Explore current and future scenarios around controlled substances in sport
Now: Erythropoietin (EPO)
Some competitive cyclists have abused the hormone erythropoietin (EPO), which increases the production of red blood cells and allows them to transport oxygen more easily. The effect is similar to the adaptation seen in people who live at high altitudes, with reduced air pressure. Indeed, some athletes train at altitude for this reason, a practice that is not banned. The use of EPO in endurance sports is banned, but manufactured forms of the hormone are very similar to the naturally occurring chemical and were hard to detect until the turn of the century.
Now: Biological passports
In 2014, there were 46 athletes in the UK serving bans from sport following doping scandals. To combat this and to try to conquer the culture surrounding the use of performance-enhancing drugs, the biological passport was introduced. It was first used in cycling.
Previously, drug tests looked for specific compounds, and so were easily deceived by taking different isomers of substances or other similar but undetectable drugs. The biological passport instead involves regularly testing the blood of elite athletes to establish, on an individual basis, what their normal blood values are, and then looking for anomalies caused by taking performance-enhancing drugs.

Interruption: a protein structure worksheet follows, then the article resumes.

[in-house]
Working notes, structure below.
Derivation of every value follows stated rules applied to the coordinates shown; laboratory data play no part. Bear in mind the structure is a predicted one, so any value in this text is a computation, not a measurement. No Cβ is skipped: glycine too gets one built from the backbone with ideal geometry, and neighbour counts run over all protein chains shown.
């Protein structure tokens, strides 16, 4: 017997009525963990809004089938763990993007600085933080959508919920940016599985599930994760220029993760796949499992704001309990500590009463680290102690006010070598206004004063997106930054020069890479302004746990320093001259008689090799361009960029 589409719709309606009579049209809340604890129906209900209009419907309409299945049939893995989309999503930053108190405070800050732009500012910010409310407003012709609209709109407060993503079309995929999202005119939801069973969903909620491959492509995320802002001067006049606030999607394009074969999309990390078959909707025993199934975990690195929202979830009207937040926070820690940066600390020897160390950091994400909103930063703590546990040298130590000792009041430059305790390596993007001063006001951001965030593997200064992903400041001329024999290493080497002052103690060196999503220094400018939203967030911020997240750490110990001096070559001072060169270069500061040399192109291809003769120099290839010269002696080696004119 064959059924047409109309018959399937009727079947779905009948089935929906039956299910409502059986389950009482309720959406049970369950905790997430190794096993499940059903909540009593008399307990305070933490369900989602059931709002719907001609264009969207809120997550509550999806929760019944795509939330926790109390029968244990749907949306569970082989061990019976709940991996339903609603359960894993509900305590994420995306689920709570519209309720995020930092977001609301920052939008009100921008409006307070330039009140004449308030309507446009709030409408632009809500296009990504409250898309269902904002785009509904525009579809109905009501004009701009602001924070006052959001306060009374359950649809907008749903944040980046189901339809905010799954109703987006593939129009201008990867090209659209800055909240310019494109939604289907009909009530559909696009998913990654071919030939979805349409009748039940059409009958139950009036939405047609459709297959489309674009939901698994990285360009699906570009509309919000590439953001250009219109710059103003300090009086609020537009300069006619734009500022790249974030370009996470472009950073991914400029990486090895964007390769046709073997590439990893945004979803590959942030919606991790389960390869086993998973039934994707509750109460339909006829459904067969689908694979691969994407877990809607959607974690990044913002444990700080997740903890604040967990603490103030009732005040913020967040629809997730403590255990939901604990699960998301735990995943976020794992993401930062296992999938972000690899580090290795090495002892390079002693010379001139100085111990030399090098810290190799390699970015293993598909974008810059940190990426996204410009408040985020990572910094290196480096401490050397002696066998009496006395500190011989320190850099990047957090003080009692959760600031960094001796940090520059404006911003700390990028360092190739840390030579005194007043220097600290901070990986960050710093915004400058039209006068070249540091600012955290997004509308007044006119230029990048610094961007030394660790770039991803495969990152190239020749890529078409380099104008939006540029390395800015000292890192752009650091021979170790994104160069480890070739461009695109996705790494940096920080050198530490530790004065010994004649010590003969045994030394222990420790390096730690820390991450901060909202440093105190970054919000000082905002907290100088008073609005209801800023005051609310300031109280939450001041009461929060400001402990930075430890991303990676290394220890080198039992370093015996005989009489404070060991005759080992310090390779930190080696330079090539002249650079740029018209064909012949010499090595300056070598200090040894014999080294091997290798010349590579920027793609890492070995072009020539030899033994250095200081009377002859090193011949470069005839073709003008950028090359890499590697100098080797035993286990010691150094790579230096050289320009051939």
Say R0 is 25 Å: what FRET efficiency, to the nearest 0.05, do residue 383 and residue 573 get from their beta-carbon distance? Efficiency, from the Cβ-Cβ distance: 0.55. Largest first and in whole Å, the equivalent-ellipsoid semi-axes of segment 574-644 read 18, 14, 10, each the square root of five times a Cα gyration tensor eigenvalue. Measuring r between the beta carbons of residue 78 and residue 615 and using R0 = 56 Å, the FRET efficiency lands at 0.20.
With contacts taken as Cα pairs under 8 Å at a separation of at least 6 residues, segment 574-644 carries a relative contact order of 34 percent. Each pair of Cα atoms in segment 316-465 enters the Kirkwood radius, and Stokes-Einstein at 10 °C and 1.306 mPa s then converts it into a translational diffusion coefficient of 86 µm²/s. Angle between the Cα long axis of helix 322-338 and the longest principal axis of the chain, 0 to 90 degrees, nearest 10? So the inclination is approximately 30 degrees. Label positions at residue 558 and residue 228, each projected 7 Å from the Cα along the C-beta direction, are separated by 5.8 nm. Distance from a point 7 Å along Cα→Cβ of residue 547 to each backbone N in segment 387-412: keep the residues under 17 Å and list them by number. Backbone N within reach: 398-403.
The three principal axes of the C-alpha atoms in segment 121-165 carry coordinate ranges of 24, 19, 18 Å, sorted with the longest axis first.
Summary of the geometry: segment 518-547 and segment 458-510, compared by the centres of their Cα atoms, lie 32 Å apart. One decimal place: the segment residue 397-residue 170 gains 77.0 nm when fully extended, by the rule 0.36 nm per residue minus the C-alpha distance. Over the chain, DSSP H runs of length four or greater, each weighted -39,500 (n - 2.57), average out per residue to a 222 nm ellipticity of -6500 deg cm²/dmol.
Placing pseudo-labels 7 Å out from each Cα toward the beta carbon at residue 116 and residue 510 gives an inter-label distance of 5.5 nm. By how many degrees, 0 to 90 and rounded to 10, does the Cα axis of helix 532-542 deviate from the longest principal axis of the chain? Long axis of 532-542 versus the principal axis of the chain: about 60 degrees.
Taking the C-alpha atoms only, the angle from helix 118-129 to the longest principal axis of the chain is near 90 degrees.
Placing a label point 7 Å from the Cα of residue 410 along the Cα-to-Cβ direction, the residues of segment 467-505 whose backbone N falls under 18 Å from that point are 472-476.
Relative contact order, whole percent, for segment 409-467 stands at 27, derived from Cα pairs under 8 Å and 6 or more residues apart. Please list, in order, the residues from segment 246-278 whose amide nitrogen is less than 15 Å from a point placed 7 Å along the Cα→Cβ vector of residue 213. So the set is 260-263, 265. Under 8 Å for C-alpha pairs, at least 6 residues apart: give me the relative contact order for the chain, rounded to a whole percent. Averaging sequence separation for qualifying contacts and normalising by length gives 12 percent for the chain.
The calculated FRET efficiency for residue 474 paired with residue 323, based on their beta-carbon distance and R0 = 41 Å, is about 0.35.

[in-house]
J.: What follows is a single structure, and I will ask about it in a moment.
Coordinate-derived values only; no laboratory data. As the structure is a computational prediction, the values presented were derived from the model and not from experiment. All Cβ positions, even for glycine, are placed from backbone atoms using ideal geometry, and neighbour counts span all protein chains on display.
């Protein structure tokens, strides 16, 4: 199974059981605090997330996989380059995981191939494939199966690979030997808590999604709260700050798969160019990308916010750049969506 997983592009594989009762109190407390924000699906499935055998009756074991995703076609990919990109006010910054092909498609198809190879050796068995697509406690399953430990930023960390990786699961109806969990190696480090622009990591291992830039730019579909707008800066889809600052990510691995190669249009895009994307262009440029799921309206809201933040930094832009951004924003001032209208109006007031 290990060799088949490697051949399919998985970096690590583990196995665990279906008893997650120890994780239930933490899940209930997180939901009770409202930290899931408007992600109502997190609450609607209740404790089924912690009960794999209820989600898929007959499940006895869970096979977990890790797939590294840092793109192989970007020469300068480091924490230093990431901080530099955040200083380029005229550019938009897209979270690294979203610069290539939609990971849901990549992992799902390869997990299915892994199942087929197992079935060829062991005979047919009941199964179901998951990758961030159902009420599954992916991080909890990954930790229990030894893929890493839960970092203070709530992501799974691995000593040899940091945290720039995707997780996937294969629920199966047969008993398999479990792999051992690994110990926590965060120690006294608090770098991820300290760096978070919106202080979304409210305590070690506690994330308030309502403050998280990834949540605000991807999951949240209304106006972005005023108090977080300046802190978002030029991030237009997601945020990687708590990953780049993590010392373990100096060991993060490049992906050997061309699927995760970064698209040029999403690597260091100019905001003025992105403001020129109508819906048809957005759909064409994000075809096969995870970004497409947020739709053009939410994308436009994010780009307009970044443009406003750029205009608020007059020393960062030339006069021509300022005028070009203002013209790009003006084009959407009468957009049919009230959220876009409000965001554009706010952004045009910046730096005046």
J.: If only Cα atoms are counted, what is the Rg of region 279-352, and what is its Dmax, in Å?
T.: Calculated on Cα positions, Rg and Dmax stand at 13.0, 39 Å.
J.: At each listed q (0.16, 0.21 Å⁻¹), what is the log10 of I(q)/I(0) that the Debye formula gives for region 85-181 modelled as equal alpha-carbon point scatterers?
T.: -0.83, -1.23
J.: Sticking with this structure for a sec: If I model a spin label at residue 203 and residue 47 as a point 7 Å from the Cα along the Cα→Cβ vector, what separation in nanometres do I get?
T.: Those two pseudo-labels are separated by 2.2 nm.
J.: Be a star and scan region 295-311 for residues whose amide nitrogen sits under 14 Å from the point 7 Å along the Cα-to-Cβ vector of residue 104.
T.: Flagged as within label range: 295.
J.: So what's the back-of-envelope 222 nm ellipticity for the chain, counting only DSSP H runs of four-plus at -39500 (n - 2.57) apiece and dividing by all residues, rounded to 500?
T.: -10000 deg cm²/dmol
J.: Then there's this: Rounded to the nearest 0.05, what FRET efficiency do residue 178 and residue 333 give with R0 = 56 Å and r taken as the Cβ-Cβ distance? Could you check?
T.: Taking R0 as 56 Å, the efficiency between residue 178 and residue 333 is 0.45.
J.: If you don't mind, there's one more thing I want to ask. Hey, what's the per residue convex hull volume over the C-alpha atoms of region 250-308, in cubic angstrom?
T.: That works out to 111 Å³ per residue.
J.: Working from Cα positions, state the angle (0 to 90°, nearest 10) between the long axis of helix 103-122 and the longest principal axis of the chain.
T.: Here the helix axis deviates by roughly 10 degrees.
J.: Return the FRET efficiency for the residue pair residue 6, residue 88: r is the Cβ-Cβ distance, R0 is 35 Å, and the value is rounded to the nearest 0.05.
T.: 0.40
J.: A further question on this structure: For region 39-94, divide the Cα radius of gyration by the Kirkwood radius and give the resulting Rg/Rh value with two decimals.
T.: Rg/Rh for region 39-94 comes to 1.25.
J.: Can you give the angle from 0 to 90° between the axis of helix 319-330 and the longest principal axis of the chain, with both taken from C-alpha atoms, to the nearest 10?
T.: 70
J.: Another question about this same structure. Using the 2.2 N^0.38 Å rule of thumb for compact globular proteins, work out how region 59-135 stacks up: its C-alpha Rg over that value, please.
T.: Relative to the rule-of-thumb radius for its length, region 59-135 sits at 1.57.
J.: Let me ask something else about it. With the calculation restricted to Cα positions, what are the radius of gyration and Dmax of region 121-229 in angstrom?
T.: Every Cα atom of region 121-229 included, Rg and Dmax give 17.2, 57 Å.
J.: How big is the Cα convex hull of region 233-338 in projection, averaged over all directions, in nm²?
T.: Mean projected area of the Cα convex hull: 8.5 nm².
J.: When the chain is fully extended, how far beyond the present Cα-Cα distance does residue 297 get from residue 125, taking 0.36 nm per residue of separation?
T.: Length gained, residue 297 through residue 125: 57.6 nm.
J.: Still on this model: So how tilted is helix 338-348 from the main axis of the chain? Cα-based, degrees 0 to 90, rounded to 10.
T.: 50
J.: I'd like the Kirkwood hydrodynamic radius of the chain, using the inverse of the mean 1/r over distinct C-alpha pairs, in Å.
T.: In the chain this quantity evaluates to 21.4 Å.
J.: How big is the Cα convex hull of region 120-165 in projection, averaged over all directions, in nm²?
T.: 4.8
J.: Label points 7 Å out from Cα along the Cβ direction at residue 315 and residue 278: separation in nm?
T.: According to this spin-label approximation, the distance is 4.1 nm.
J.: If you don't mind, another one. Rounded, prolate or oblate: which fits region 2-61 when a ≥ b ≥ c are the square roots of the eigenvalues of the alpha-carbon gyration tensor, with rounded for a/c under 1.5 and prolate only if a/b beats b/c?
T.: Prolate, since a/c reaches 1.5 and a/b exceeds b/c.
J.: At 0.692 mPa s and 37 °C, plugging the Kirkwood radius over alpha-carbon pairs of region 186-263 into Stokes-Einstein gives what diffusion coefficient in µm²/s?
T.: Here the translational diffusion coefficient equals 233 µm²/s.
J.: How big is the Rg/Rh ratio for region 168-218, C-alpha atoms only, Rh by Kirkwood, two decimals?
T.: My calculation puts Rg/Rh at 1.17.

The passport also allows for doping accidents to be fairly dealt with, as it makes it easy to isolate cases where someone has doped on a one-off occasion, rather than regularly or at crucial times prior to competition. Athletes with a clean record may also be able to use the passport to avoid unfair speculation and negative media attention. Athletics, football and tennis have all introduced biological passports now, and more sports are looking to incorporate them.
Future: Gene doping
Gene doping is the non-therapeutic manipulation of genes to improve athletic performance, and the first documented case of gene doping was in 2008. It involved a product called Repoxygen, which boosted EPO levels. If muscles can be tweaked genetically so that more EPO is produced, and the extra EPO is identical to that produced normally, then theoretically the products of this sort of doping are undetectable. Gene doping is therefore a growing challenge to sports, and the World Anti-Doping Association is devoting “significant resources and attention” to its detection.